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Environment

The Climate Narrative

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There are two guys who'd sooner be waterboarded than admit the other was right about something. But Marc Morano and Joe Romm would certainly agree on one thing: the importance of a compelling narrative. Marc Morano. Take a look at the stories that dominate Climate Depot lately. It's IPCC, round the clock. Notice the familiarity of the phrasing in the headlines (ruse-hoax-scam-collapse-hype-shame, and so on). Morano has fashioned this narrative that the whole edifice of man-made climate change is crumbling daily under the weight of mounting miscues. Nothing could be further from the truth. But Morano has been disciplined in staying with this frame. If you're following the trench warfare in the blogosphere, you can see that many skeptics are echoing this jig-is-up frame. And because climate scientists are on the defensive, Morano is able to stay on offense with his message. Say what you will about him, but he's very good at what he does. He saw an opening to create a narrative and he's not looking back. Joe Romm. He's so frustrated at the turn of events. On the one hand, he blames team Obama for shoddy messaging:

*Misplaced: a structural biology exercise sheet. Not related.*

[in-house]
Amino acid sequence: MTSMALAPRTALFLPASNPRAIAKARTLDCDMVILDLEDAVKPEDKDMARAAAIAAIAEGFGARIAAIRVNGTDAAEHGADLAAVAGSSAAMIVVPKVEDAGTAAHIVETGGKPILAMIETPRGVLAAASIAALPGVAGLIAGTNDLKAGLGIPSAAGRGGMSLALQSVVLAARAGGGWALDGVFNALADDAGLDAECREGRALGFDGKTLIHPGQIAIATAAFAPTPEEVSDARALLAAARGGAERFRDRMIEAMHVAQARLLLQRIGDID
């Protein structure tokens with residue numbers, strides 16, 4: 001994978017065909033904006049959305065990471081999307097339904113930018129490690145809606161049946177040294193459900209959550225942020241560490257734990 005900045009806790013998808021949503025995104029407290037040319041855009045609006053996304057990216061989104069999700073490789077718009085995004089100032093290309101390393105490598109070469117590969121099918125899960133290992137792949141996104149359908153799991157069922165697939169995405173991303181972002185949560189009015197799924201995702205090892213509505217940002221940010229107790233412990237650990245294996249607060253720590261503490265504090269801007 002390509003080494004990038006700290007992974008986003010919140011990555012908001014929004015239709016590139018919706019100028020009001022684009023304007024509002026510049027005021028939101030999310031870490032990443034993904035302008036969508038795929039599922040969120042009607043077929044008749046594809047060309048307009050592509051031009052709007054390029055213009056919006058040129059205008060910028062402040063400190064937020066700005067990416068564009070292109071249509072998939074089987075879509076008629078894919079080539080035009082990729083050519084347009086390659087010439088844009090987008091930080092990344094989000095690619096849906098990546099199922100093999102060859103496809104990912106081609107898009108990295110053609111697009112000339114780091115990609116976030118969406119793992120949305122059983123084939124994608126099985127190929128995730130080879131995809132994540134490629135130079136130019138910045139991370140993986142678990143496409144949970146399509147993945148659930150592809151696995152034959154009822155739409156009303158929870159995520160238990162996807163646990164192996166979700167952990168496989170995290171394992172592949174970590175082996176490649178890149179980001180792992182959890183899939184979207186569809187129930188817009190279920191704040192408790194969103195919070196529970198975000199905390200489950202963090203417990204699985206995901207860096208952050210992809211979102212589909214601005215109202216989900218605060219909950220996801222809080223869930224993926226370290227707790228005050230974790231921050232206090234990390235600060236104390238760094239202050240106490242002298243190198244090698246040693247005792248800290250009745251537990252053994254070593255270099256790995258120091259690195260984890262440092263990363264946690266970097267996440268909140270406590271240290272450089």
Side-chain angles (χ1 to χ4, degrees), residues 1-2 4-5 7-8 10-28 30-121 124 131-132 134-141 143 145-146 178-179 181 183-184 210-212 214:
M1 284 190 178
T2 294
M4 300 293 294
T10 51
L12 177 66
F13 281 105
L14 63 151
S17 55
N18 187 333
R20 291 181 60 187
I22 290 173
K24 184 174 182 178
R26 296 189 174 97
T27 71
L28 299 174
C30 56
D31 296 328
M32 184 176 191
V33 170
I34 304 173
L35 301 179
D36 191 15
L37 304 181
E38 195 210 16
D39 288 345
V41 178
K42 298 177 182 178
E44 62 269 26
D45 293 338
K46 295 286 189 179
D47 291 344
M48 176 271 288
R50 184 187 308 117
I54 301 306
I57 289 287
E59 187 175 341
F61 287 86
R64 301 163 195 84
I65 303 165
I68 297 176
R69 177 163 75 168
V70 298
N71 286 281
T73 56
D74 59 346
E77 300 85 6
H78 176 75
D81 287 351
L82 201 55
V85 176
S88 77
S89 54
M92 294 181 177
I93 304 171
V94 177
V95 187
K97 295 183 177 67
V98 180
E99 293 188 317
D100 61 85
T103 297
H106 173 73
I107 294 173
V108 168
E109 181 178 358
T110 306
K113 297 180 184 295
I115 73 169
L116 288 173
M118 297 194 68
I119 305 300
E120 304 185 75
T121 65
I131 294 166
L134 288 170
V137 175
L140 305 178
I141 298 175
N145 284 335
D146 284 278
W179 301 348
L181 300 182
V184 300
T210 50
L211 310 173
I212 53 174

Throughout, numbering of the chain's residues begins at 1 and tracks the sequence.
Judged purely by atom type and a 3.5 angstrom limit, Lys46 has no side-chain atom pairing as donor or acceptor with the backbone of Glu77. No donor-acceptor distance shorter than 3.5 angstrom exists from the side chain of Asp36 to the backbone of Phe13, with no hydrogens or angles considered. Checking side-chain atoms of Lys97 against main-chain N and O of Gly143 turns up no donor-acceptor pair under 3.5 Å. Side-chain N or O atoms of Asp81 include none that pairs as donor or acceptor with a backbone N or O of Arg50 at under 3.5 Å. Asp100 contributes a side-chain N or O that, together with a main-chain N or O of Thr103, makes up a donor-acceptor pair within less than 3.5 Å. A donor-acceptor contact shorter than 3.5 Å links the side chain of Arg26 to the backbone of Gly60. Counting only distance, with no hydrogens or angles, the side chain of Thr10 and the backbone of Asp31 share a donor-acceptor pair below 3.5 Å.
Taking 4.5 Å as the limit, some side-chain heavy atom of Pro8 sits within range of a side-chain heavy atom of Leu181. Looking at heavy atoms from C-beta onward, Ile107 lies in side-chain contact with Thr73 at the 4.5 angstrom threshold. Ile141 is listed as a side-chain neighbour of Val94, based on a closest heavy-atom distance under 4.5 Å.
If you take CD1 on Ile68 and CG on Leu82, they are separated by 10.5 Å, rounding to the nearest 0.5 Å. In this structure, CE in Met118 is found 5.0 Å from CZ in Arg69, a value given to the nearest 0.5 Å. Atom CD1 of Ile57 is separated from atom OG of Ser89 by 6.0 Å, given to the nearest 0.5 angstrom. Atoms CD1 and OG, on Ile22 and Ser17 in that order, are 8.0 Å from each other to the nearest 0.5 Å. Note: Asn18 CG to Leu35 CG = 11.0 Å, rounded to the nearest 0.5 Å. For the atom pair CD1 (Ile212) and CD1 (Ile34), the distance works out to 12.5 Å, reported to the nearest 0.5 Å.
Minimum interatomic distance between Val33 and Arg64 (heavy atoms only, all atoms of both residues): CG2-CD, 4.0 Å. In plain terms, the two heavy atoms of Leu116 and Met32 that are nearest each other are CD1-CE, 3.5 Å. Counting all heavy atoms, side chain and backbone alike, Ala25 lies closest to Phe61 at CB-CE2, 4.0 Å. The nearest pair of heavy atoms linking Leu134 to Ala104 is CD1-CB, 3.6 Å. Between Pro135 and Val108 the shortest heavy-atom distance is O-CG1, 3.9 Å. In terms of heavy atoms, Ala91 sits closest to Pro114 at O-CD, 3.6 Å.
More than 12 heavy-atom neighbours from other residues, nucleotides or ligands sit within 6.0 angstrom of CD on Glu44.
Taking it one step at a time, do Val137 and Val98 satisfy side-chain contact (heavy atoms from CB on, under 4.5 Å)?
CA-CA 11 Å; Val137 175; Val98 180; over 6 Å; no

The failure to advance a narrative (frame or extended metaphor) has been a disaster.

They haven't been able to counter what Romm calls

the self-destructive demagoguing and obstinacy of anti-science, pro-polluter ideologues.

Conveniently, Romm, who is a major player in the climate debate, isn't discussing the merits of his own frame, and whether that has helped or hindered his cause. Romm is surely right that a better narrative will be needed to sway a fickle public and recalcitrant blue dog democrats. I'm looking forward to seeing what he comes up with.

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